Trump asks NATO to be ‘fair to the people and taxpayers of the United States’

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metzlerBy John J. Metzler

UNITED NATIONS — President Donald Trump has scolded some members of the Atlantic Alliance for not paying their “fair share” in defense spending.

Addressing the NATO Summit in Brussels, the American president followed in the footsteps of many of his predecessors in saying that some members of the North Atlantic Treaty Organization (NATO) are simply not pulling their weight in the collective defense organization.

“Members of the alliance must finally contribute their fair share and meet their financial obligations,” Trump told the heads of state, “Twenty-three of the 28 member nations are still not paying what they should be paying and what they are supposed to be paying for their defense. This is not fair to the people and taxpayers of the United States,” he admonished.

President Donald Trump in Brussels, Belgium on May 25.

Trump’s call, while terse in tone, reflects the political Kabuki of past U.S. presidents including both Reagan and Obama who pressured, usually unsuccessfully, the European states to spend more on defense.

Members agree to spend 2 percent of GDP on their military. Few do, except for the U.S. (3.6 percent), the United Kingdom, Greece, Estonia and Poland. Other major countries such as France, (1.8 percent), Germany (1.2 percent), and Canada (1 percent) fall far below.

Founded in the early days of the Cold War in 1949 with an initial twelve members, NATO remained an effective defensive deterrent to keep Western Europe free of probing Soviet aggression over a forty-year period.

The epoch historical events of 1989 which saw the fall of the Berlin Wall and the collapse of communism in Eastern Europe proved a political watershed not only in Europe’s reunification but as importantly, NATO’s new mission. Today the multinational organization has 28 members.

Some of NATO’s original East Bloc adversaries, such as Poland, Hungary and Bulgaria are now members. More problematic, especially to Russia, are the memberships of the three Baltic states, which were part of the former Soviet Union. Equally countries from former Yugoslavia, such as Croatia and Slovenia have joined the alliance.

The mission moreover has dramatically shifted in recent years from a pure Central European defense focus, and now hosts a number of our area commitments such as Afghanistan, Kosovo and anti-piracy patrols off East Africa.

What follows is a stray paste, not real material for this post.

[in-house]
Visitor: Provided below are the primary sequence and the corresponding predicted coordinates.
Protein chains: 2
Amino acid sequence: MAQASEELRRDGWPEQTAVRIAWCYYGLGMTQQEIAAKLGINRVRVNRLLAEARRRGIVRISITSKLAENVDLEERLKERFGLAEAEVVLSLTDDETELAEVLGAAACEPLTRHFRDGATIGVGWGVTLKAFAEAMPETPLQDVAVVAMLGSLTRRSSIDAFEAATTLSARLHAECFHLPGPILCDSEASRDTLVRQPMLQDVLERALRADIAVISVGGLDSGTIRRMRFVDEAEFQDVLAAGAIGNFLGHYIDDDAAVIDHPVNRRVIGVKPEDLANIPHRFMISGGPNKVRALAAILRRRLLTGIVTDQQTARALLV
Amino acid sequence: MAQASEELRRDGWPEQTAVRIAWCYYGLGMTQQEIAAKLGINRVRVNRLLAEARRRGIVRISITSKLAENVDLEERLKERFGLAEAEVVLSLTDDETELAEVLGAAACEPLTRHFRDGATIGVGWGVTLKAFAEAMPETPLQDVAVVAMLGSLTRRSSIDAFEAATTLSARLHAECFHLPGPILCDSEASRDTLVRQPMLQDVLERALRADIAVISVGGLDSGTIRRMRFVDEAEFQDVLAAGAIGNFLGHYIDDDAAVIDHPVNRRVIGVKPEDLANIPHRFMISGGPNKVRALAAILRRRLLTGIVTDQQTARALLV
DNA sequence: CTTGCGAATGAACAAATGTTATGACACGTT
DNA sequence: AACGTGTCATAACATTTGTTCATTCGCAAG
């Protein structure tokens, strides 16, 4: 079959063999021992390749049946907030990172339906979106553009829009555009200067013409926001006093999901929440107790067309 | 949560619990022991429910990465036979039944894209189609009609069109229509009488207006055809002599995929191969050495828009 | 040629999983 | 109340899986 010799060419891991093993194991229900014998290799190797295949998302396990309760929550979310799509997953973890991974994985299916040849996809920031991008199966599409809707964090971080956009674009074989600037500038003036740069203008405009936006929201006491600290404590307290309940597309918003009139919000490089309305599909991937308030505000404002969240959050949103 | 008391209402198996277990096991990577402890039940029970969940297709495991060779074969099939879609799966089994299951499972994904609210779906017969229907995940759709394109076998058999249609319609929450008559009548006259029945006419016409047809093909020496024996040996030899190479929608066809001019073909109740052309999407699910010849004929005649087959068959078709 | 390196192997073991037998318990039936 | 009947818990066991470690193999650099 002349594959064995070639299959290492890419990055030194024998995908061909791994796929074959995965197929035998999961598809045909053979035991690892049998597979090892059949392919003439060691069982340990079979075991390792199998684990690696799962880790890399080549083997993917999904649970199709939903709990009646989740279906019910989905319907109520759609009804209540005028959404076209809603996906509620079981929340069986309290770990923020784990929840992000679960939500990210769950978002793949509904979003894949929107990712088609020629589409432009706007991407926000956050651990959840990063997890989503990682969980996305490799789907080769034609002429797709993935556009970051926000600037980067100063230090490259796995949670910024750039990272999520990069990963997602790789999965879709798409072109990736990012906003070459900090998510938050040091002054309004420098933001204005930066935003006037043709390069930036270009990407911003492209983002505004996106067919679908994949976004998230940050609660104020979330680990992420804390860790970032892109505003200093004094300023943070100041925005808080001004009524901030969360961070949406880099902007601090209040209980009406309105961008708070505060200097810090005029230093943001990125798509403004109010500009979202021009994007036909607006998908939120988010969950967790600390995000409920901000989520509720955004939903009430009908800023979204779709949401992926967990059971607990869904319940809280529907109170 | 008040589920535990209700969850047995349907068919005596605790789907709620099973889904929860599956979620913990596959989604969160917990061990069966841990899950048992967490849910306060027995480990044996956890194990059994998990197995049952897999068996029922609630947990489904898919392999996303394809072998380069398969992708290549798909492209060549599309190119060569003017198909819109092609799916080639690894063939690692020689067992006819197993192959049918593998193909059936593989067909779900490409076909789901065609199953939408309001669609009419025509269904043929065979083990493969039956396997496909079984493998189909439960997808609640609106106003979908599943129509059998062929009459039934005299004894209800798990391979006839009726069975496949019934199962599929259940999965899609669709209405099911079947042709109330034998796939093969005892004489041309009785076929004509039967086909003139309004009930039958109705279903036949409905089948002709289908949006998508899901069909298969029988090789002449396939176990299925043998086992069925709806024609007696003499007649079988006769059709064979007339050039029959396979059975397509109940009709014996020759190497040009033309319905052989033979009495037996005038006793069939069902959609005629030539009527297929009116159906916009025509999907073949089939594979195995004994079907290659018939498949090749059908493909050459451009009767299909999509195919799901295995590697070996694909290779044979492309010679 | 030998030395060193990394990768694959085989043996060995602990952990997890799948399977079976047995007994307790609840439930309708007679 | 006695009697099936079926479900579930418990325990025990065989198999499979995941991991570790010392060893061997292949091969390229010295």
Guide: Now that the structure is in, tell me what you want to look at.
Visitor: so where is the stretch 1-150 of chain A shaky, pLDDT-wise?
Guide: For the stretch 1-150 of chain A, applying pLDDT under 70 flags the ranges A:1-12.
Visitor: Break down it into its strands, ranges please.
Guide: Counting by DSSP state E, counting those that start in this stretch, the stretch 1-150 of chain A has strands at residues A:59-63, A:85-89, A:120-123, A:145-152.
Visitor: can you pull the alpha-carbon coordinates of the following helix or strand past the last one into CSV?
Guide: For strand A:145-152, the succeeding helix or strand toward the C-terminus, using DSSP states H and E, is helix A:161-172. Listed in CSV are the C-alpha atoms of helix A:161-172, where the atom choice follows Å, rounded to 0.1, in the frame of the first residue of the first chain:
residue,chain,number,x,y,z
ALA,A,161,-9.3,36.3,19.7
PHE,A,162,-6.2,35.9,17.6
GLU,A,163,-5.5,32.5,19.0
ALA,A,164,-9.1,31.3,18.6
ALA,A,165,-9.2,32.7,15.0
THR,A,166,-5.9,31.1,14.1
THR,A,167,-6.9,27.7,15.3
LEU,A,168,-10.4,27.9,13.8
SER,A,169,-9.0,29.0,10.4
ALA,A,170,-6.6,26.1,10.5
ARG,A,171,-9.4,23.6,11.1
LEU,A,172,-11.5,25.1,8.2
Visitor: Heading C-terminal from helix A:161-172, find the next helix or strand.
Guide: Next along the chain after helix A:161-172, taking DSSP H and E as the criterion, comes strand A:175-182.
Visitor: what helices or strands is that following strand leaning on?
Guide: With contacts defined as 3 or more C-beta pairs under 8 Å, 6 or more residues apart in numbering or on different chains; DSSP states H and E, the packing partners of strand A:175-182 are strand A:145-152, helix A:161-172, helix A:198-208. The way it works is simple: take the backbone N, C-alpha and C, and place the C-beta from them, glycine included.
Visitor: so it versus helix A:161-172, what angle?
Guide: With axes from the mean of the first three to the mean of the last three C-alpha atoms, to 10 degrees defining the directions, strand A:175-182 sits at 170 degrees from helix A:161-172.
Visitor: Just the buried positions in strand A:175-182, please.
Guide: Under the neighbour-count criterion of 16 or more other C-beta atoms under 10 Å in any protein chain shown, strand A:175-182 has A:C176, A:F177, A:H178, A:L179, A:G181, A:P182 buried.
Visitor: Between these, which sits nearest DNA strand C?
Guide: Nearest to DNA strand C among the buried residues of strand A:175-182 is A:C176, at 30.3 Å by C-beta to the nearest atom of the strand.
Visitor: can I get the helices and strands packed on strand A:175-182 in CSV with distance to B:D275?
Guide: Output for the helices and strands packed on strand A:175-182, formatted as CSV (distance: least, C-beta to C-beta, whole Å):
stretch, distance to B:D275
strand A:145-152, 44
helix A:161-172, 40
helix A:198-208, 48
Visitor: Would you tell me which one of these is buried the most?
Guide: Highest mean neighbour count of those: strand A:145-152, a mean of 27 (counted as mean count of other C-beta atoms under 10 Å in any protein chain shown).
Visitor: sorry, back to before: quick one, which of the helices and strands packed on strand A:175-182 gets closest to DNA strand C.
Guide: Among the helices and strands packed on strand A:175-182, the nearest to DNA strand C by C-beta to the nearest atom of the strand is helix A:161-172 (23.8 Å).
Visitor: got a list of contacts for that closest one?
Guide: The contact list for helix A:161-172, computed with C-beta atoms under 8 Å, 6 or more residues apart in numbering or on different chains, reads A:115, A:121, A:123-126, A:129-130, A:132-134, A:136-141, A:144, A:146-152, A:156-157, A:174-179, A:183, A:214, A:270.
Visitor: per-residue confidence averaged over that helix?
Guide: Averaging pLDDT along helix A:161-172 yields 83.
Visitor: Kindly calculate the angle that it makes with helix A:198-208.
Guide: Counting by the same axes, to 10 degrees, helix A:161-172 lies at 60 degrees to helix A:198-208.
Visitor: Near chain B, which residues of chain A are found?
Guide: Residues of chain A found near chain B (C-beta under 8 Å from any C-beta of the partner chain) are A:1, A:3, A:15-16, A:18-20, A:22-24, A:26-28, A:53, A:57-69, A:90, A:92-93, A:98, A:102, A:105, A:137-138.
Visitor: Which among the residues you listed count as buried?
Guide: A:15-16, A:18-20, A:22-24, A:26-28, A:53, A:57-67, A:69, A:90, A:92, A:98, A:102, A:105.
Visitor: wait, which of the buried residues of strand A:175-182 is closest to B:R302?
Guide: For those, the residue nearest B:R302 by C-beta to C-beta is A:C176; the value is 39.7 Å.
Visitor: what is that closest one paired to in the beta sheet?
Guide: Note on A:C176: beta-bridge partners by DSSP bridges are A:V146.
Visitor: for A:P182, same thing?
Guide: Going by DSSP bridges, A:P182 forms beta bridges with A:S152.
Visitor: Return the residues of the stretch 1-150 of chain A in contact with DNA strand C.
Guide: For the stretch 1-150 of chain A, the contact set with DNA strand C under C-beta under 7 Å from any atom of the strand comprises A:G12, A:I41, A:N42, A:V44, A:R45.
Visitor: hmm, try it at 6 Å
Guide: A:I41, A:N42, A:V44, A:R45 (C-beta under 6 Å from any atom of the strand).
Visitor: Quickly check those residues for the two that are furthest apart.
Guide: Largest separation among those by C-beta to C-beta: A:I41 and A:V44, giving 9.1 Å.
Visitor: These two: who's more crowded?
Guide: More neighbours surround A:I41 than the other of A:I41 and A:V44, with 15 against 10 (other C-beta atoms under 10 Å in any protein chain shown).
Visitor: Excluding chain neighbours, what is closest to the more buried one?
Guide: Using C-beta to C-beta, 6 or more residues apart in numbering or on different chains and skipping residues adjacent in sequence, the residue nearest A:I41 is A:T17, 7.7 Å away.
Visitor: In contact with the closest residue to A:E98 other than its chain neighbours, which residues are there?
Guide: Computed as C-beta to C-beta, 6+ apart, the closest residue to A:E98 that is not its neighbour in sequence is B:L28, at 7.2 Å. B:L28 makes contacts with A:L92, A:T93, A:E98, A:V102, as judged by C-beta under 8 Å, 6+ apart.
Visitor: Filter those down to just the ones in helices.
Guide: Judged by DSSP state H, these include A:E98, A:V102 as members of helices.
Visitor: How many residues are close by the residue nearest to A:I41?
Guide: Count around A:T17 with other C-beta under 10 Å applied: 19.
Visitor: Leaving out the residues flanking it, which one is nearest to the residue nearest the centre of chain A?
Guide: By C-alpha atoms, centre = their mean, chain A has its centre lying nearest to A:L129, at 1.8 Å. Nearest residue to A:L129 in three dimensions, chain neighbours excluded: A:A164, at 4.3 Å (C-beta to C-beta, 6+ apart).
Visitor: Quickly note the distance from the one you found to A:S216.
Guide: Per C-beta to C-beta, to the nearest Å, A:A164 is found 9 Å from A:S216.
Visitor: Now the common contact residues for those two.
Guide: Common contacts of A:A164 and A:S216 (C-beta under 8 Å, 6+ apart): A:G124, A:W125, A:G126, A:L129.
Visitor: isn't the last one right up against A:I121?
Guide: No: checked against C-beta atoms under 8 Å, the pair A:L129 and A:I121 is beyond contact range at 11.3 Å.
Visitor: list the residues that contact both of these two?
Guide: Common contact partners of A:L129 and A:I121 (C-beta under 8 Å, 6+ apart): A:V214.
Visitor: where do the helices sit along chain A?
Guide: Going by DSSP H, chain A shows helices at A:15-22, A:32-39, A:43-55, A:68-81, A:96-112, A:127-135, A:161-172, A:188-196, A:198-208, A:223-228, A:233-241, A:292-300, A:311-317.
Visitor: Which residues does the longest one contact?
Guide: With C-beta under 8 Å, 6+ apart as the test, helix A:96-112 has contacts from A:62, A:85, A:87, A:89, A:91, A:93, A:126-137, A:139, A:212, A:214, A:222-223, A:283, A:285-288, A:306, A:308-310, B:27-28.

Part of NATO 2.0 regards revamping the ongoing multinational mission in Afghanistan where American and troops from twenty NATO members are still facing an entrenched and expanding Taliban insurgency.

NATO Secretary General Jens Stoltenberg summed it up; “We face the most difficult security challenges for a generation. Terrorism, instability, a more assertive Russia, proliferation of nuclear weapons and the growth threat of cyber attacks.”

While NATO members signed on to President Trump’s commitment to fight Islamic State in Syria and Iraq, much of the support appears to be aspirational rather than operational. In other words, the fine rhetoric of a Brussels Summit may not be followed by practical military measures on the ground.

At the opening of NATO’s gleaming new headquarters in Brussels, President Trump, paid heartfelt homage to British Prime Minister Theresa May for the terrible terrorist attack in Manchester. He equally honored memorials to the Berlin Wall and to the Article 5 Collective Security Clause of the NATO Treaty-namely where all members come to the defense of any member attacked.

Trump stated, “We remember and mourn those nearly 3,000 innocent people who were brutally murdered by terrorists on September 11th, 2001. Our NATO allies responded swiftly and decisively, invoking for the first time in its history the Article 5 collective defense commitments.”

Significantly he stressed, “The NATO of the future must include a great focus on terrorism and immigration, as well as threats from Russia and on NATO’s eastern and southern borders.”

While NATO has been traditionally viewed through the lens of policymakers, there’s still a surprising support for the Alliance among the public.

A recent PEW survey stated Views of the North Atlantic Treaty Organization (NATO) have generally improved over the past year in both North America and Europe. According to PEW about 6 in ten Americans hold a favorable opinion of the security Alliance up from half in 2016. Majorities in Germany (67 percent), the Netherlands and Poland (both 79 percent) equally back the Alliance.
The survey adds, “But despite such swings in how NATO has been characterized by the current U.S. administration, most Europeans remain confident that Washington is committed to the principle of mutual defense,” the poll ascertained.

NATO remains a defense cornerstone of the valued Transatlantic relationship. America’s political trust and commitment forms the other.

John J. Metzler is a United Nations correspondent covering diplomatic and defense issues. He is the author of Divided Dynamism the Diplomacy of Separated Nations: Germany, Korea, China (2014). [See pre-2011 Archives]

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